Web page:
Energy Conference: Decarbonization - A Business Perspective REGISTER

New Jerseyans will be able to turn property tax payments into charitable contributions once regulations are established in 60 days, but whether the federal IRS allows the deductions remains a question.

Gov. Phil Murphy today signed  A-3499 (McKeon, D-27; Jasey, D-27)/S-1893 (Sarlo, D-36; Sweeney, D-3), which allows municipalities and local governments to set up charitable funds for a specific purpose, such as funding schools, and give contributors credits toward their property tax bills.

The plan is to allow taxpayers to get around a $10,000 cap on the state and local tax deduction imposed by federal tax reform law passed in 2017. Charitable contributions remain fully tax deductible, so New Jersey taxpayers who have more $10,000 in state and local taxes would be able to pay some of them in the form of a charitable contribution and deduct them from their federal taxable income tax, no matter the amount.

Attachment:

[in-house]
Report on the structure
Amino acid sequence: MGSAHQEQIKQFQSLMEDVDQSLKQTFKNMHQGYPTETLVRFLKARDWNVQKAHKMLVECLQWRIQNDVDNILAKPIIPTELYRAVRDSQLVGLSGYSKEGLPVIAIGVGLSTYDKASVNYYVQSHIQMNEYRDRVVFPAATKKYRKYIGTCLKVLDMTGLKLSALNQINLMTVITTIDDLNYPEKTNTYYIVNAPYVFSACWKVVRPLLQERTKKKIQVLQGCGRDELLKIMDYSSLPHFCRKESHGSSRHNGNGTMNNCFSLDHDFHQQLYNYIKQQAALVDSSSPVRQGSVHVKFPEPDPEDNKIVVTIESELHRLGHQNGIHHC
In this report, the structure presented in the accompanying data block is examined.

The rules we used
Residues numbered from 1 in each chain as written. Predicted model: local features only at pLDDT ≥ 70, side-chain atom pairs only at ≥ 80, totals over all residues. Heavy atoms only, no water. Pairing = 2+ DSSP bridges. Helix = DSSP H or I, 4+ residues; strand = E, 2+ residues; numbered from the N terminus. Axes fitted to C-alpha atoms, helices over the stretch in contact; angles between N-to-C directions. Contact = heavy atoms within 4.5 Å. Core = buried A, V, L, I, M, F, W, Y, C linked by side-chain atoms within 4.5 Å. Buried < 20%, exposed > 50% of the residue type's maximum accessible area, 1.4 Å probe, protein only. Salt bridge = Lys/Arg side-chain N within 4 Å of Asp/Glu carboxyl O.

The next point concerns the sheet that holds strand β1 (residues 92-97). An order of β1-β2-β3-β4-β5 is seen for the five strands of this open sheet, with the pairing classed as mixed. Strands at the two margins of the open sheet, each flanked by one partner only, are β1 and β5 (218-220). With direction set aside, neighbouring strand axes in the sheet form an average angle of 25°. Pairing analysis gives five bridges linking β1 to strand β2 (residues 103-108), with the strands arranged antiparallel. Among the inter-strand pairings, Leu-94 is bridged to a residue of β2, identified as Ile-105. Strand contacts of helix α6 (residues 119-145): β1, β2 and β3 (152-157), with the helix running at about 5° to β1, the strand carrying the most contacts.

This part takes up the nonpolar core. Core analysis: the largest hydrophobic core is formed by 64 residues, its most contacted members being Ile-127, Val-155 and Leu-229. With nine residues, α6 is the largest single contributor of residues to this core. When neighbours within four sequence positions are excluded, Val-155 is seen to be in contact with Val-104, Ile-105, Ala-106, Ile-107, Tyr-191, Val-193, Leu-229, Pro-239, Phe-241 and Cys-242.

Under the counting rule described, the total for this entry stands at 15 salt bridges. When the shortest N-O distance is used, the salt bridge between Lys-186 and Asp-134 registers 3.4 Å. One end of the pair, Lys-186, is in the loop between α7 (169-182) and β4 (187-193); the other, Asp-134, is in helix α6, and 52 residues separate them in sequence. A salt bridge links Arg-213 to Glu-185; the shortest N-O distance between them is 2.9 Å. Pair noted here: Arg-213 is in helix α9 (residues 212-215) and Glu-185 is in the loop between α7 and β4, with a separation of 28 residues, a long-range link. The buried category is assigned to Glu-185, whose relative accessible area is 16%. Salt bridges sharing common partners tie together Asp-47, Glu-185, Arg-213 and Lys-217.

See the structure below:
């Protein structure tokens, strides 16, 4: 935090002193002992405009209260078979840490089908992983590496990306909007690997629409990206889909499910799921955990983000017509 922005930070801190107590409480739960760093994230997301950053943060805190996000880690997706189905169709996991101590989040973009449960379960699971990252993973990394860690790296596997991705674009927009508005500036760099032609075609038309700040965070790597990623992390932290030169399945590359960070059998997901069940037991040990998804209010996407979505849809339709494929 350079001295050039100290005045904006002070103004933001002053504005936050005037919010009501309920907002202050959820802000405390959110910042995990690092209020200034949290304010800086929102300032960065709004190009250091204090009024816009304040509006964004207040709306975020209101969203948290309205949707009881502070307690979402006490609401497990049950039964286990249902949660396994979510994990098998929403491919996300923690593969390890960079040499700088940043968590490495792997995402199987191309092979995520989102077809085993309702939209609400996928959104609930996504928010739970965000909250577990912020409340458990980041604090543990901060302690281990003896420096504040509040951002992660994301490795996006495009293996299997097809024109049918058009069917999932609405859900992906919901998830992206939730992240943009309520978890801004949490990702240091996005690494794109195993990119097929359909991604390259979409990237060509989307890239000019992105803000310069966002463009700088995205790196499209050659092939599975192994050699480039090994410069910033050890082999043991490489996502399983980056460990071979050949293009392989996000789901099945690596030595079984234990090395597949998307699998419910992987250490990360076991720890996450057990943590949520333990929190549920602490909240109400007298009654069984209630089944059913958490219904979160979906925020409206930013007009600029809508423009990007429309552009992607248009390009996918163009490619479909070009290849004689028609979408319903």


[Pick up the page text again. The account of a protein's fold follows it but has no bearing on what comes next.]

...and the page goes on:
“It is no secret that New Jersey’s middle class will be taking it on the chin with a $10,000 cap,” Murphy said. “Today, we are taking a step to restore the property tax relief that the new federal law is set to take away.”

“The Trump administration and Republican Congressional leadership targeted homeowners in states like New Jersey when they wrote a law capping the SALT deduction,” Murphy said.

What remains unknown is whether the IRS will allow these contributions to be deducted. Murphy, however, said 33 other states allow this sort of charitable contribution, and New Jersey should not be treated differently.

“This is not in any way special treatment for New Jersey,” he said.

Murphy also announced the appointment of two shared services czars—Nicolas W. Platt, former Mayor of Harding Township, and Jordan Glatt, former Mayor of Summit—to find ways local governments can find savings.